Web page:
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. Last Updated: 07/27/2016

Ambassador Defends U.S. Visa Procedure

U.S. Ambassador Thomas Pickering on Tuesday defended his consulate's behavior toward Russian visa applicants after a national newspaper accused it of unacceptable rudeness.

Pickering, in a letter to Izvestia, said that the visa department coped as well as it could with a tide of applications and reviewed 550 visa applications a day.

"Our employees are stretched to the limit to conduct so many interviews a day," Pickering wrote.

The article in Izvestia on July 16 reflected a common complaint from Russian applicants that they are given short shrift by officials at Western embassies.

In April award-winning filmmaker Artur Aristakisyan was refused a visa to visit the San Francisco film festival. He was given leave to visit the United States only after his colleagues and the press kicked up a fuss.

The author of the Izvestia piece, Yevgenia Albats, said she and other visa seekers were treated so rudely that the scene reminded her of "a typical Soviet shop in the mid-1980s."

During the 18 months she spent in the United States, Albats wrote, she had "never heard a state official allow themselves to speak to people in that tone and manner used by the American consulate official."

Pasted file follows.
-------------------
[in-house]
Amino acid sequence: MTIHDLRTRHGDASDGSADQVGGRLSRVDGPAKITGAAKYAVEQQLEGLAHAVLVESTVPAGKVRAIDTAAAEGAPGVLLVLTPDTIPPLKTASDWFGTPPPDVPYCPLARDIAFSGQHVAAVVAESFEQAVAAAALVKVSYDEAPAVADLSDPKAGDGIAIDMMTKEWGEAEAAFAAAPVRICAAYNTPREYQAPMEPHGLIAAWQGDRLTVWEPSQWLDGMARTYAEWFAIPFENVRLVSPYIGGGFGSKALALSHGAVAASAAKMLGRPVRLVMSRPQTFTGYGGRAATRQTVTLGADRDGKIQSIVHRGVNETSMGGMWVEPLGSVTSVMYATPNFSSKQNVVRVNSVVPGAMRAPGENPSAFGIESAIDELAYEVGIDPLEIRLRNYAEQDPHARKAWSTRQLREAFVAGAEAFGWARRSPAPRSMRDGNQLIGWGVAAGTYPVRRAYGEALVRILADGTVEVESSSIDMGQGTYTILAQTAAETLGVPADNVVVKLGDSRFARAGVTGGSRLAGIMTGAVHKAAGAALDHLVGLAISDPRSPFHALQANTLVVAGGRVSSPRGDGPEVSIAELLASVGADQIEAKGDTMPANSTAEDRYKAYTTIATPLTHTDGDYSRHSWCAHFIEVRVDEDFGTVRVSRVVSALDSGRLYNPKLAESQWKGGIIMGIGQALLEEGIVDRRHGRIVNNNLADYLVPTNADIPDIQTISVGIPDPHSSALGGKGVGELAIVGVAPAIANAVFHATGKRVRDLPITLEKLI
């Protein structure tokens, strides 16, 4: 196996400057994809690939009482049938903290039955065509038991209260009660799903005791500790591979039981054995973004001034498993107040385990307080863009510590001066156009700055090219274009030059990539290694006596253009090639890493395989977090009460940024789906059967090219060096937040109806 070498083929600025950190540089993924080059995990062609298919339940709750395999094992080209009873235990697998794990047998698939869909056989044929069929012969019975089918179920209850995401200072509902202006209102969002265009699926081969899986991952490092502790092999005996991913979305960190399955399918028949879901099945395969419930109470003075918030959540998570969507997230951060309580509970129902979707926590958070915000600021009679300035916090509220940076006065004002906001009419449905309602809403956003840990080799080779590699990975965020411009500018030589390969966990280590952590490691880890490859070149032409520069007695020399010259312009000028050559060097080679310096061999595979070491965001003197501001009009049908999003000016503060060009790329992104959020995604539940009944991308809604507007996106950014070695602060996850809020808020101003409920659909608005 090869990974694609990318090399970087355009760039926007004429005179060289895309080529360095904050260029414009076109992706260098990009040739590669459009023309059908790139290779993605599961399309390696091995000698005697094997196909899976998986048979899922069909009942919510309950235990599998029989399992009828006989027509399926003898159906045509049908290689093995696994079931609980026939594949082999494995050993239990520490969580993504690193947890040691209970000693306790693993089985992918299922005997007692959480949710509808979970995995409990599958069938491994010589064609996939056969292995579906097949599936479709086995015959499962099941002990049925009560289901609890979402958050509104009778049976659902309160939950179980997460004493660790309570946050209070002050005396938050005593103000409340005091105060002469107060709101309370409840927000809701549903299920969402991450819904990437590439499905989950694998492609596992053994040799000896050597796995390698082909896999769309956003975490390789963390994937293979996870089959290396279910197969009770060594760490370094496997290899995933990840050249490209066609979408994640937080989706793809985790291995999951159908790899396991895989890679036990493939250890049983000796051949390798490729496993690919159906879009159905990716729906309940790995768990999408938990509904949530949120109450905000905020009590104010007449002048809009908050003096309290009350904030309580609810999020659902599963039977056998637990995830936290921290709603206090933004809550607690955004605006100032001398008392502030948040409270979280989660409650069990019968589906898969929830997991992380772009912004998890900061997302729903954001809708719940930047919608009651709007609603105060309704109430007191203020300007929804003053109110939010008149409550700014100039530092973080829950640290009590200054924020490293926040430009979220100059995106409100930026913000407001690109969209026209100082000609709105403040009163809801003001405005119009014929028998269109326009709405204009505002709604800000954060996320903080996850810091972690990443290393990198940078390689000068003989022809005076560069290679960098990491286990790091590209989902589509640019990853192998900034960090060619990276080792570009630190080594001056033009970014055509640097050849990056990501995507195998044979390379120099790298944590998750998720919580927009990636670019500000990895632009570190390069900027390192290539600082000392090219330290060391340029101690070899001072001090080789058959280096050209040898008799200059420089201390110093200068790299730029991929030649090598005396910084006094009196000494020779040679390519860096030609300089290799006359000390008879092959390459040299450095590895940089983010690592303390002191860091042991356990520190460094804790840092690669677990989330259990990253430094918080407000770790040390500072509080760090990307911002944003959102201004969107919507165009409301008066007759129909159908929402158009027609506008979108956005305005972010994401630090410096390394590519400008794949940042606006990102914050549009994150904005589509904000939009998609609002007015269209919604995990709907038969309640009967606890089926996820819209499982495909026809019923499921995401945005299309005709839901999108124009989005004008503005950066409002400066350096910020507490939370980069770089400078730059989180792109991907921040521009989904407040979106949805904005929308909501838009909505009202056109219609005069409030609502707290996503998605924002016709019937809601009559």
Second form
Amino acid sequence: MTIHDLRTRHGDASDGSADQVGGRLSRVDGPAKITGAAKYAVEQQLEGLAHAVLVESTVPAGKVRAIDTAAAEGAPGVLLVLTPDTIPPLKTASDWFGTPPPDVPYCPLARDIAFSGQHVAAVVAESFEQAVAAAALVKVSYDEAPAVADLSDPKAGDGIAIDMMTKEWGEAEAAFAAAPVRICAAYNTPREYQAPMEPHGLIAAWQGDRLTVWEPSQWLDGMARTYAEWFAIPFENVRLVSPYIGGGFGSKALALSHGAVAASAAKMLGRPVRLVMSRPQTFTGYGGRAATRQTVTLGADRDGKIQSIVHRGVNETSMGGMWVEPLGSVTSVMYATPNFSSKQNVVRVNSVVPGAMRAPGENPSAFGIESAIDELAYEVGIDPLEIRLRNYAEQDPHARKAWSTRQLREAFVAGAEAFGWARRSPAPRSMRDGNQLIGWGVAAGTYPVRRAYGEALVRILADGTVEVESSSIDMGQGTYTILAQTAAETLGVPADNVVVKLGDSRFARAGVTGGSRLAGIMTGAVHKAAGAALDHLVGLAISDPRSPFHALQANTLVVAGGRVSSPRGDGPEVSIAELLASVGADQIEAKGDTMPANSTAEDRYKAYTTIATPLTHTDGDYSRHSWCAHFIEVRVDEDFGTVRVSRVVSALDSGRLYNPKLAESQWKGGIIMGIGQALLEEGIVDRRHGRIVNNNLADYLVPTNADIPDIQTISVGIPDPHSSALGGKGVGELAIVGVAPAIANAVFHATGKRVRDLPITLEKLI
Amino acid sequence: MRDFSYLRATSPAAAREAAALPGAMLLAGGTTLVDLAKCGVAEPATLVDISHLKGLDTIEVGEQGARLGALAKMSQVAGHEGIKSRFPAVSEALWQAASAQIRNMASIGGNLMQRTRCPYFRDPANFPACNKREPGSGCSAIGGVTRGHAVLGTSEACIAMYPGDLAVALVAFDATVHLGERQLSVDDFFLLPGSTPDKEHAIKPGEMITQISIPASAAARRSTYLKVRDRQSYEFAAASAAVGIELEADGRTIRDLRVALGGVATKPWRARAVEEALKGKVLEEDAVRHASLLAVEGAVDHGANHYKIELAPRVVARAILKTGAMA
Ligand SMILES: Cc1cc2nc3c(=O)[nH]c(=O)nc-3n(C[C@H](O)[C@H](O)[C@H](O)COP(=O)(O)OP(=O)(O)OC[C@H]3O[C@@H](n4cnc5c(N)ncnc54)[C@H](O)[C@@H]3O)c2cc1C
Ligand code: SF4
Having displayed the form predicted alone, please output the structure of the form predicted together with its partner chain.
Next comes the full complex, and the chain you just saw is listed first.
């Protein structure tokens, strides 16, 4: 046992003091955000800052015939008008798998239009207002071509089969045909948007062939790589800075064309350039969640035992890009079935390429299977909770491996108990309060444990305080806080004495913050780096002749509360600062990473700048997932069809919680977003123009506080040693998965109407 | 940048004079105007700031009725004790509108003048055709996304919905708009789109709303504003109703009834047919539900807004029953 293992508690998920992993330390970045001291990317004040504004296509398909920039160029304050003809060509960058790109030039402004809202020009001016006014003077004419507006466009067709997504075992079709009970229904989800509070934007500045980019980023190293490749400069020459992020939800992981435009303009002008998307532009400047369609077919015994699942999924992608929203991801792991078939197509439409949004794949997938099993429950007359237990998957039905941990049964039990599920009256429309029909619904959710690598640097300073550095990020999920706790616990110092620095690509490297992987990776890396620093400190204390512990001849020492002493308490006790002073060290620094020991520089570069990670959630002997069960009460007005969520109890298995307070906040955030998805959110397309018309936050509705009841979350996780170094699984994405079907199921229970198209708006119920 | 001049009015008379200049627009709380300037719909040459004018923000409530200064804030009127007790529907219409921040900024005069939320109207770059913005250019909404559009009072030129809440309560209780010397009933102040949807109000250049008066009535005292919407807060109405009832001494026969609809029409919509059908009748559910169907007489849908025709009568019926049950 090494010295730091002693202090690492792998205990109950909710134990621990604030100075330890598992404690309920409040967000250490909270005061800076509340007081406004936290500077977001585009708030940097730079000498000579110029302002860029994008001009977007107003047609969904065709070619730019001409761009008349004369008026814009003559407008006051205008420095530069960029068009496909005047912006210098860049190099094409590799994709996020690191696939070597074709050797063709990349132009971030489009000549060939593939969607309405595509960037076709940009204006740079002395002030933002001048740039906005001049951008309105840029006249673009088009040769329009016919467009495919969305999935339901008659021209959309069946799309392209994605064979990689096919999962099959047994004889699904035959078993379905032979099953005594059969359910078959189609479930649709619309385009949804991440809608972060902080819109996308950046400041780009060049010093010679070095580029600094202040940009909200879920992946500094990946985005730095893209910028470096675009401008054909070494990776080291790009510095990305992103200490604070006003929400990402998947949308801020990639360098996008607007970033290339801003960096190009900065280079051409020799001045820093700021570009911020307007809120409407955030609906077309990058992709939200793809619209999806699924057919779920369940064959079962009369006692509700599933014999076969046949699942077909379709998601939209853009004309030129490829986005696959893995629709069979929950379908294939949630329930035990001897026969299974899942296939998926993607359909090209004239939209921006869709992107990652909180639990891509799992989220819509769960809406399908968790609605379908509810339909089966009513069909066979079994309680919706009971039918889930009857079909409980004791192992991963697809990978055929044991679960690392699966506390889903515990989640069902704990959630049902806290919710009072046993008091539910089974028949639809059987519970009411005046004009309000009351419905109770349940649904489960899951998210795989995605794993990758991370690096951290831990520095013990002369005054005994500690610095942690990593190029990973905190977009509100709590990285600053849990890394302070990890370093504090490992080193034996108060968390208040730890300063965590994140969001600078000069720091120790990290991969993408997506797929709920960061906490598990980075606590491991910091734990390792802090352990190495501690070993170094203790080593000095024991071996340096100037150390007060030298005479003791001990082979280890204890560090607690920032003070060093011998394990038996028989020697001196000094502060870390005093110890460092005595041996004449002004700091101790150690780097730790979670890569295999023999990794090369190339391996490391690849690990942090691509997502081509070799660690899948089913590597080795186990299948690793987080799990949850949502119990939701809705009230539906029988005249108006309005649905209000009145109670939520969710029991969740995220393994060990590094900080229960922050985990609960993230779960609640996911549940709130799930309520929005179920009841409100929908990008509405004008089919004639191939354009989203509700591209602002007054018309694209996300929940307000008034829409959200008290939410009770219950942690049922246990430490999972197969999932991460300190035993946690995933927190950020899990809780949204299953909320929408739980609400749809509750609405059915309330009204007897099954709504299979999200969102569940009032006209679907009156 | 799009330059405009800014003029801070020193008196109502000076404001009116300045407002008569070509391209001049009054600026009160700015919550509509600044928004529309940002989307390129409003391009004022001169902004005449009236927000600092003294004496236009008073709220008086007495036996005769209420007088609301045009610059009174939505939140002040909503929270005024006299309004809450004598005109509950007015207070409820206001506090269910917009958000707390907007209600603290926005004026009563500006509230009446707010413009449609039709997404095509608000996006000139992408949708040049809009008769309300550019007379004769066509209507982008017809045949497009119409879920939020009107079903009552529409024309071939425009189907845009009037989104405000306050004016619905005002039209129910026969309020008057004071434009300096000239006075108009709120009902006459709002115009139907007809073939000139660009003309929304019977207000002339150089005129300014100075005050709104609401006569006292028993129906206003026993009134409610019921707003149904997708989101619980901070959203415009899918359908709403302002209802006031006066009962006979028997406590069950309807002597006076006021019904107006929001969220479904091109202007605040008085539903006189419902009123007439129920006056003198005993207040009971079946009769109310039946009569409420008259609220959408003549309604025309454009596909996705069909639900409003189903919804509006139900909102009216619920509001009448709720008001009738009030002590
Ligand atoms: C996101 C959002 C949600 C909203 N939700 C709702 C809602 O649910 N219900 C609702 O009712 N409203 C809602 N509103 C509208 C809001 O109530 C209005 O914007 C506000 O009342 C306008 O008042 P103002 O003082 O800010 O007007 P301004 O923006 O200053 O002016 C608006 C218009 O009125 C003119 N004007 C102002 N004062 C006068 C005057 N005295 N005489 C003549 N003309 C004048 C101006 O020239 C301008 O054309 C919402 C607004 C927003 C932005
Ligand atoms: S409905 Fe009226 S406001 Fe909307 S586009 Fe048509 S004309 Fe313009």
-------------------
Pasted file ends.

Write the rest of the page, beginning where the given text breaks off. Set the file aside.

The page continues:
Albats said that applicants were given only the briefest of opportunities to explain themselves and were asked probing personal questions about what they earned.

Pickering responded that the pressure of time only allowed very short interviews and "that is why attention has to be devoted to the most important facts at the interview for taking a decision in each concrete case."

Most visa applicants outside the U.S. Embassy on Tuesday said they were happy with the way they were treated, and said behavior depended entirely on the individual consular official they saw.

"They were very polite," said Zara Aivazagan, the director of a park in Krasnodar who was refused a visa because she did not have the right documentation. "I have no one to be offended with."

"He was extremely pleasant. He had all the manners, the 'pleases' and 'thank-yous' we've forgotten about all these years," said Ida, a St. Petersburg pensioner, of the man who interviewed her.

However, one young Muscovite said that she had been treated "terribly" and been refused a visa for a second time.

"They didn't even look at my invitation," said the woman, who identified herself only as Anna. "They didn't even give me a chance to speak." Anna blamed her good English and low salary on her refusal, saying the consular officials suspected her of wanting to emigrate.

Pickering said that about 80 percent of all applicants received visas. He said 15 to 20 percent of Russians visiting the United States overstay their visas and that it was difficult to track them down.